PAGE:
–A FISTFUL OF DOLLARS Mike Gray of Morgantown not only enjoys trapping, he does it for a living.  Mike runs his own professional animal control business.  He’s the guy to call when you have a critter causing problems around the house.   He’s West Virginia’s version of “The Turtle Man.

During a recent conversation on Ram Trucks West Virginia Outdoors I asked him about the wildest call he’s ever received.  Mike tells me he was once called to a gentleman’s club (we call them strip bars in my neck of the woods) where a couple of exotic snakes had escaped from the hired help.  It was an unusual conversation for Gray when his wife asked him about his day.   I wonder if they paid the bill in ones?

–TRAPPING REBOUND Gray said the popularity of trapping has increased considerably in the last five to ten years. He said the biggest boost to the activity has been coyotes. Coyotes are one of the hardest creatures in West Virginia to trap. Gray said they don’t stick around an area for long if there’s no food and when they leave they may not be back for months. He added they are the most wary animal when it comes to sniffing out a trap. In the old days those learning to trap would start with musk rats and work their way up the scale of difficulty, but today he said most start out on the top and work their way down. Gray added there has been a considerable increase in bobcat numbers in West Virginia. He doesn’t know what’s caused the sudden boost in cat numbers.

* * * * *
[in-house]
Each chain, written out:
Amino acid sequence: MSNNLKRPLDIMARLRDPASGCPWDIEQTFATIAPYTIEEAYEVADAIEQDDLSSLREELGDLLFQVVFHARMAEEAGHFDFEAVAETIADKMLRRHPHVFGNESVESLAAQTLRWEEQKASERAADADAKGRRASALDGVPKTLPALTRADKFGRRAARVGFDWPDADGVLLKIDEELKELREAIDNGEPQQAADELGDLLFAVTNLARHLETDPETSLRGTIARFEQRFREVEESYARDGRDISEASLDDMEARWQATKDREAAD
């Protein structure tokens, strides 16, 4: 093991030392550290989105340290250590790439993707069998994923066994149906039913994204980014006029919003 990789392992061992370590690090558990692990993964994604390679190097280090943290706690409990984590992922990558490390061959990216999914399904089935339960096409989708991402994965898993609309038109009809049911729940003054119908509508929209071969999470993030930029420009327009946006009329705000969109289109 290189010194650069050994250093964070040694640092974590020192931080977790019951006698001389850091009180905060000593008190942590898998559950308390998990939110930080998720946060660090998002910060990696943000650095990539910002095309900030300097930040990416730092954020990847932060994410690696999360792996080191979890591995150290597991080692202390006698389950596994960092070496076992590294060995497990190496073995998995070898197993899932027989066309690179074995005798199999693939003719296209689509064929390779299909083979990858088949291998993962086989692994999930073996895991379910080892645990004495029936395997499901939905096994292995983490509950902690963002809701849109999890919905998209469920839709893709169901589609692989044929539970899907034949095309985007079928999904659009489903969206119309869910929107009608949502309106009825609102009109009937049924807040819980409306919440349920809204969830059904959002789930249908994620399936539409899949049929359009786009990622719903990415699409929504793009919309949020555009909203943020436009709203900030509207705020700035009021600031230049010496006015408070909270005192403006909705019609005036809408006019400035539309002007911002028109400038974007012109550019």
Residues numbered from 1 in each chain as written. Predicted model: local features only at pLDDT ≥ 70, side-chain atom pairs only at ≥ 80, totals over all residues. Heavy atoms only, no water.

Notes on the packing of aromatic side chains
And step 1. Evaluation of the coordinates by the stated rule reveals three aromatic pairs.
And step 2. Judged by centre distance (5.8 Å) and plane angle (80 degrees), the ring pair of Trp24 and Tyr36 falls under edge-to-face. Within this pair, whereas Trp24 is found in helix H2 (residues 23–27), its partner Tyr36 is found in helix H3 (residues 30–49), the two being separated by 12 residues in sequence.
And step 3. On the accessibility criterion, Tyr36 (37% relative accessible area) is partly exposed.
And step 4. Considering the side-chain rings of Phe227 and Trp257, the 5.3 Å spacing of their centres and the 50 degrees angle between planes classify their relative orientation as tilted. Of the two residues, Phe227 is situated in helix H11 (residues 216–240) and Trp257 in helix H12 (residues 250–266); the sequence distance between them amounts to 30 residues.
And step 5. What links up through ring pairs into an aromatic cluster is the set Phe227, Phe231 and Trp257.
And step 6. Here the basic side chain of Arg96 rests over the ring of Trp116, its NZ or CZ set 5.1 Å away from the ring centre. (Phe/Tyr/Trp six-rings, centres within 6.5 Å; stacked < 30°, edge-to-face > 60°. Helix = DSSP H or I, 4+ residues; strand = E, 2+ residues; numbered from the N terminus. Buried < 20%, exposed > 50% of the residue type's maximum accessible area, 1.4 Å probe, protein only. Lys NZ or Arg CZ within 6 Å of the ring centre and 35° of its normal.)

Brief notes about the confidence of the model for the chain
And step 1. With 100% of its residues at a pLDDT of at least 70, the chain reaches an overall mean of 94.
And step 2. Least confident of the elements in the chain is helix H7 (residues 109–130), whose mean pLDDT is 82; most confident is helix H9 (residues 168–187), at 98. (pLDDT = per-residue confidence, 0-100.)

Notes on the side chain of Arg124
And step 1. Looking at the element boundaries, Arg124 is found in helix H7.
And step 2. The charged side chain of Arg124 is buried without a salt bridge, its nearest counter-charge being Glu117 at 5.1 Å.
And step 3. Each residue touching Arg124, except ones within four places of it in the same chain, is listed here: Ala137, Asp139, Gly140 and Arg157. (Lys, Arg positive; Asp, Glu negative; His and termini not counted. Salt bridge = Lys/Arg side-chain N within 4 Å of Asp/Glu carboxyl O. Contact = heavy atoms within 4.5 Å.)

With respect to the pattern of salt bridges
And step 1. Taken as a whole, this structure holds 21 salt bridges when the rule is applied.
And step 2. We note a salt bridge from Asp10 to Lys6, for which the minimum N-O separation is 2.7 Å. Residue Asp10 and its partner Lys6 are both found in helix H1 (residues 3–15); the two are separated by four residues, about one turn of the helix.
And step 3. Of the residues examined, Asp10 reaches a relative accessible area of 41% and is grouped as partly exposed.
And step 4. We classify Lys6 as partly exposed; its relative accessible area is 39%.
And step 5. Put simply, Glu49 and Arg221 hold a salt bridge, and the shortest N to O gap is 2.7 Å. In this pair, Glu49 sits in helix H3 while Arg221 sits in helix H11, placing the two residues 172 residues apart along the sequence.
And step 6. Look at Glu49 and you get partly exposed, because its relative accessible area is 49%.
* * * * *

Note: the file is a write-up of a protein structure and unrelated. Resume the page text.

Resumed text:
–“STINKING HIPPIES” The Corps of Engineers recently announced it would boost the number of days for the 2013 Gauley River rafting season as they drain Summersville Lake. They will also increase the rate of discharge to 5,000 cubic feet per second on three of those days. A wet summer and a need to lower the lake level further than usual to inspect the dam’s spillway tubes are credited for the increase.

Somebody posted this comment in response to the story here at the website.

    “I hate it when they kill Summersville Lake for the stinking hippies and their $$.”